To fully understand the potential effects of a proposed activity on people and the environment, cultural effects must be addressed within the Assessment of Environmental Effects (AEE) section of a resource consent application.
It's likely that any consent application lodged without an assessment of cultural effects will be deemed incomplete and returned to the applicant.
Note: The term ‘tangata whenua’ is used throughout this section and refers to any iwi, hapū, whānau or other group who holds mana whenua over an area of interest.
The Resource Management Act 1991 (RMA) recognises the relationship tangata whenua have with their ancestral lands, water, sites of significance, w(sacred sites), and other taonga (treasures).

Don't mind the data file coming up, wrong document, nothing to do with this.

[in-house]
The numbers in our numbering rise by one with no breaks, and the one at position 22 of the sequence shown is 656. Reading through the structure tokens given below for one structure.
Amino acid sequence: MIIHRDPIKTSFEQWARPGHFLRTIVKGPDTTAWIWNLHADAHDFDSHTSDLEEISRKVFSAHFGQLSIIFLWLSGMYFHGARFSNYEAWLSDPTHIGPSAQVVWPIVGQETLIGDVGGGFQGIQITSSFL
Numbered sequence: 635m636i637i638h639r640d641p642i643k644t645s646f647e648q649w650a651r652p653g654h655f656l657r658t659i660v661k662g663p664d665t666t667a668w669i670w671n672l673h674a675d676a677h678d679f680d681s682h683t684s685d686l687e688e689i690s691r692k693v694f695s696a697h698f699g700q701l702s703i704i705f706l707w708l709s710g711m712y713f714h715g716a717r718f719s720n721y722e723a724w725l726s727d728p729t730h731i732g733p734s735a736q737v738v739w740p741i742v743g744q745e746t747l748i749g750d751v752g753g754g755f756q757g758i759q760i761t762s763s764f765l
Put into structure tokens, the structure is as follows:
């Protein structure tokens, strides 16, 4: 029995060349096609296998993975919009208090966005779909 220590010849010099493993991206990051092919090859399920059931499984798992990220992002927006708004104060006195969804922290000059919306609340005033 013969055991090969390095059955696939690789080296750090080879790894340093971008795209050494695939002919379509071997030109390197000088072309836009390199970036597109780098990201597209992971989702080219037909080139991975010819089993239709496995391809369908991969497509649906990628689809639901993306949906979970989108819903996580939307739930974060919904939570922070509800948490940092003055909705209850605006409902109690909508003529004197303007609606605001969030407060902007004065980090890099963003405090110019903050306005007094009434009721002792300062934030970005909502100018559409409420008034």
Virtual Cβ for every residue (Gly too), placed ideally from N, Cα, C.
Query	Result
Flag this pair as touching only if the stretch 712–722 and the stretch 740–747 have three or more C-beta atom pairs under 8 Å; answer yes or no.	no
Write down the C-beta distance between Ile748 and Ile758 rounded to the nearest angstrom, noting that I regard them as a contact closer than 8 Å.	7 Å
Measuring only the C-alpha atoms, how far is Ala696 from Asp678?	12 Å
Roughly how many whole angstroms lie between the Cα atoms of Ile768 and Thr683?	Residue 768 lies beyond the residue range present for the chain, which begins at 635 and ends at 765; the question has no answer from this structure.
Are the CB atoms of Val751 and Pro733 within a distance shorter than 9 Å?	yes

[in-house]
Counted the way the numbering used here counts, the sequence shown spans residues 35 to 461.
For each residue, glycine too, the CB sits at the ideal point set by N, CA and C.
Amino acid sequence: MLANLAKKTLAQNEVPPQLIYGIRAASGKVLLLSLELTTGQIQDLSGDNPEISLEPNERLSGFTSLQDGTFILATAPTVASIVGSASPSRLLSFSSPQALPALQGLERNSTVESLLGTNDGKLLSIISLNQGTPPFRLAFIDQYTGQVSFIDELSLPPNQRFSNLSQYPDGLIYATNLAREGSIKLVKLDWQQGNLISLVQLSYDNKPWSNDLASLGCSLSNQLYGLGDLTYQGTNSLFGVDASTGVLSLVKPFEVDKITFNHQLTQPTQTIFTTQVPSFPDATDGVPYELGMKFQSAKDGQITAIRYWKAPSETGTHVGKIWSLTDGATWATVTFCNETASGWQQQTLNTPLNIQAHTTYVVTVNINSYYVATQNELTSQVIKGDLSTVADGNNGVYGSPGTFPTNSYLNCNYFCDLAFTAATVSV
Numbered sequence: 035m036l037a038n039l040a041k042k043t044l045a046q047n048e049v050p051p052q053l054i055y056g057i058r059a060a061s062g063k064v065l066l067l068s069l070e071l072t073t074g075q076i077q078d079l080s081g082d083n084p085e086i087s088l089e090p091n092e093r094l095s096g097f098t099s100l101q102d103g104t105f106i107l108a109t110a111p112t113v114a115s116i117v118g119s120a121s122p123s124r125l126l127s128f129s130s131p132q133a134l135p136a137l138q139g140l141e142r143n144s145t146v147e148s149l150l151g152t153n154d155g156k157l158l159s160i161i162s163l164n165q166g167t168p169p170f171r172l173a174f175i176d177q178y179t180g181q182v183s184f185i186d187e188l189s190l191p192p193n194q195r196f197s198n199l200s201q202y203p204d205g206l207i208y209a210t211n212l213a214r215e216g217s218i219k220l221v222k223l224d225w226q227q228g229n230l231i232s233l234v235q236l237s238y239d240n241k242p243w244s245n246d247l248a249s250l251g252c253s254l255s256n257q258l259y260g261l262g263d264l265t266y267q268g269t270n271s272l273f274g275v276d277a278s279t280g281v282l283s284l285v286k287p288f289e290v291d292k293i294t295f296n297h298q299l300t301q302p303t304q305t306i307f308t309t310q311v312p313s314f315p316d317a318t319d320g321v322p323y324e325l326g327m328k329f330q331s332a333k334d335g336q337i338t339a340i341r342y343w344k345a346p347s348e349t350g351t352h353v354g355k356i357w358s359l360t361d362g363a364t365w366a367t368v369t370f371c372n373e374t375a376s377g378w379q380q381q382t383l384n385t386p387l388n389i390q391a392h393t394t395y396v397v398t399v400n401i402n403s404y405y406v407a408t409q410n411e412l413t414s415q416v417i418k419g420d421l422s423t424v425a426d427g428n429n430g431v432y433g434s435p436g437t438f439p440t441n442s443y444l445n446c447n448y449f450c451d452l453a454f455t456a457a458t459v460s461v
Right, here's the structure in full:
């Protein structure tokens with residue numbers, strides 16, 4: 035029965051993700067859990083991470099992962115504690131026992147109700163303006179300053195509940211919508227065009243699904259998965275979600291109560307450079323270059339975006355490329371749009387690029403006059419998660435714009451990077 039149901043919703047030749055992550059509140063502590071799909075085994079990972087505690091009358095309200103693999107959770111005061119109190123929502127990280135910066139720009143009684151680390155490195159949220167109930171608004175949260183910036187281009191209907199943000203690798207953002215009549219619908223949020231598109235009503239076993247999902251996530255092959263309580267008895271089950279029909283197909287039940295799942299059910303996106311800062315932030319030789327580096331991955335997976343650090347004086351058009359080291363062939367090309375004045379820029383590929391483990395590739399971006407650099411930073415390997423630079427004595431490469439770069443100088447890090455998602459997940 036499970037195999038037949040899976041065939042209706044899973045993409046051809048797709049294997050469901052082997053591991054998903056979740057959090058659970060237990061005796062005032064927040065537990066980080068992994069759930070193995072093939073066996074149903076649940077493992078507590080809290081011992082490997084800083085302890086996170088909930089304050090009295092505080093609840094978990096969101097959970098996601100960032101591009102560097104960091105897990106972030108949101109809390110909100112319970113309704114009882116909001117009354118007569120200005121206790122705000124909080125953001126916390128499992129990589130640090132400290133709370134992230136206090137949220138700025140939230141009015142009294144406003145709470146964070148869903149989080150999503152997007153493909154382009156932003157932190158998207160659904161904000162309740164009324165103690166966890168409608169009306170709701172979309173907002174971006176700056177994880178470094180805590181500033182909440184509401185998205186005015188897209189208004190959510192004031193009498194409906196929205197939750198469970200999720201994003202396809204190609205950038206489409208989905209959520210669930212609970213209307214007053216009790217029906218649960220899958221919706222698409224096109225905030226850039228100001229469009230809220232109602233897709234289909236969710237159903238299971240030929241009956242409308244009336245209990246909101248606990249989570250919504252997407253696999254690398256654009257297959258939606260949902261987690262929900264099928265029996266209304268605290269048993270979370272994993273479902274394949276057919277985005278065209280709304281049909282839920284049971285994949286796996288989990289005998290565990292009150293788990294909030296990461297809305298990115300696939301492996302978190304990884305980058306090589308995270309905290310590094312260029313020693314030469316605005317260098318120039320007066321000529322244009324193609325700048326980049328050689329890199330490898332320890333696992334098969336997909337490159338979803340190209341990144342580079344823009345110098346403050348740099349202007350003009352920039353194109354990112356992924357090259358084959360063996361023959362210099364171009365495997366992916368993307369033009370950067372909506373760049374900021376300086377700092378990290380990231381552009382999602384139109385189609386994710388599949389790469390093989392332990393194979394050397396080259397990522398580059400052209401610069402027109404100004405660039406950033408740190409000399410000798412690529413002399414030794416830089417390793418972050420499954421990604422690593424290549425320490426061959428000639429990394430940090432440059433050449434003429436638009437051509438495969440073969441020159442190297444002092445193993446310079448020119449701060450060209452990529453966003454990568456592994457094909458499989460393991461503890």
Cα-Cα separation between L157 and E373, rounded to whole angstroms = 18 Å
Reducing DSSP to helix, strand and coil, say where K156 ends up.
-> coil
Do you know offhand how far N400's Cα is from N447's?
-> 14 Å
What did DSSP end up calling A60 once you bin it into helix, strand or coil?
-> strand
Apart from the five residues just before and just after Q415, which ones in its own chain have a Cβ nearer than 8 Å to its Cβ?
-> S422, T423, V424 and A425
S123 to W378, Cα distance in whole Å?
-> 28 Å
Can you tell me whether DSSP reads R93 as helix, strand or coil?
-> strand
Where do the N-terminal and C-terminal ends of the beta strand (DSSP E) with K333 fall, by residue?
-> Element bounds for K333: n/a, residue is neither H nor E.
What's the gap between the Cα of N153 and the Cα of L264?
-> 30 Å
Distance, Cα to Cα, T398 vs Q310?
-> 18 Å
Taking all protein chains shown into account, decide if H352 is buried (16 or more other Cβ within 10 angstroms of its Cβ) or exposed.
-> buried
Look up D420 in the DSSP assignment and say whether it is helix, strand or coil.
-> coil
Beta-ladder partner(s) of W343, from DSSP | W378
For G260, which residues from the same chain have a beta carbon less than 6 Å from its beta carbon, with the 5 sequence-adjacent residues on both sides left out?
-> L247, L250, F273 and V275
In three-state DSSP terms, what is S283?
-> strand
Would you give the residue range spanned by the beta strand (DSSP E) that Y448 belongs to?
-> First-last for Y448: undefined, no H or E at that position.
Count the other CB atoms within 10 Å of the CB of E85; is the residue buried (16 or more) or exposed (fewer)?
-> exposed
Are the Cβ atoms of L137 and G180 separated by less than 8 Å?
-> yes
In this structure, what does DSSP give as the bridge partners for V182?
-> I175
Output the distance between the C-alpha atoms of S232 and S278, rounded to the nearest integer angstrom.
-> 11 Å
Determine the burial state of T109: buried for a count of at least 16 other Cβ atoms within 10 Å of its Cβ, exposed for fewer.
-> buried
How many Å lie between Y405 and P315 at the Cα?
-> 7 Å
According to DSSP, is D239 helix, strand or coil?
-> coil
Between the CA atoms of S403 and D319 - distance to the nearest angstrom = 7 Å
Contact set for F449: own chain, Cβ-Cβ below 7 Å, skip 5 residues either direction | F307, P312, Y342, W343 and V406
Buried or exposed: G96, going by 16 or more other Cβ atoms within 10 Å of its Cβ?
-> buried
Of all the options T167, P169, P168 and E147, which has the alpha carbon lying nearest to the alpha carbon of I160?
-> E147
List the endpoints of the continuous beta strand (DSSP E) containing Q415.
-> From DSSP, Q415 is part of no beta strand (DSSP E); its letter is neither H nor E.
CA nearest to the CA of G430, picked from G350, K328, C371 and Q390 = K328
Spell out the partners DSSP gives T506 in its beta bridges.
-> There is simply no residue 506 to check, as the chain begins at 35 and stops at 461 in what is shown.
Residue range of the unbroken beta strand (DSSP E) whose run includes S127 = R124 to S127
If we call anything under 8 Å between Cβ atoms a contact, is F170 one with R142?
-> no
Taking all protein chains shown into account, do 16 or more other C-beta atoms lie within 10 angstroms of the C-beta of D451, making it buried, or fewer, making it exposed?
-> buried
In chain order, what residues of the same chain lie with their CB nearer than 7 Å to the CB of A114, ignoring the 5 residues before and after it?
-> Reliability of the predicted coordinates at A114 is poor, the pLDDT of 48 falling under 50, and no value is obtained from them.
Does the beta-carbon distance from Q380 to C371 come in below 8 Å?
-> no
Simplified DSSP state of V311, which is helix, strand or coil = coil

The resource consent process provides a mechanism for the protection of these cultural values. It means that anyone wanting to carry out an activity that may have an effect on these values needs to consult tangata whenua about their proposed activity and address the potential effects within their resource consent application; specifically, within the Assessment of Environmental Effects (AEE). The applicant may need to consider options to avoid, remedy or mitigate any potential effects on cultural values that are identified during the consultation process.
Assessing cultural effects can be a daunting task for both those applying for consent and the tangata whenua that may be affected. It can be especially challenging for people that are not familiar with the RMA or that are inexperienced at articulating or assessing cultural relationships with an area or a natural resource. Please remain respectful of this throughout the process.
- View a step by step diagram of assessing cultural effects. If you're using a mobile, you might find it easier to view our mobile friendly version.
- View a guide on engaging with tangata whenua within the consenting process.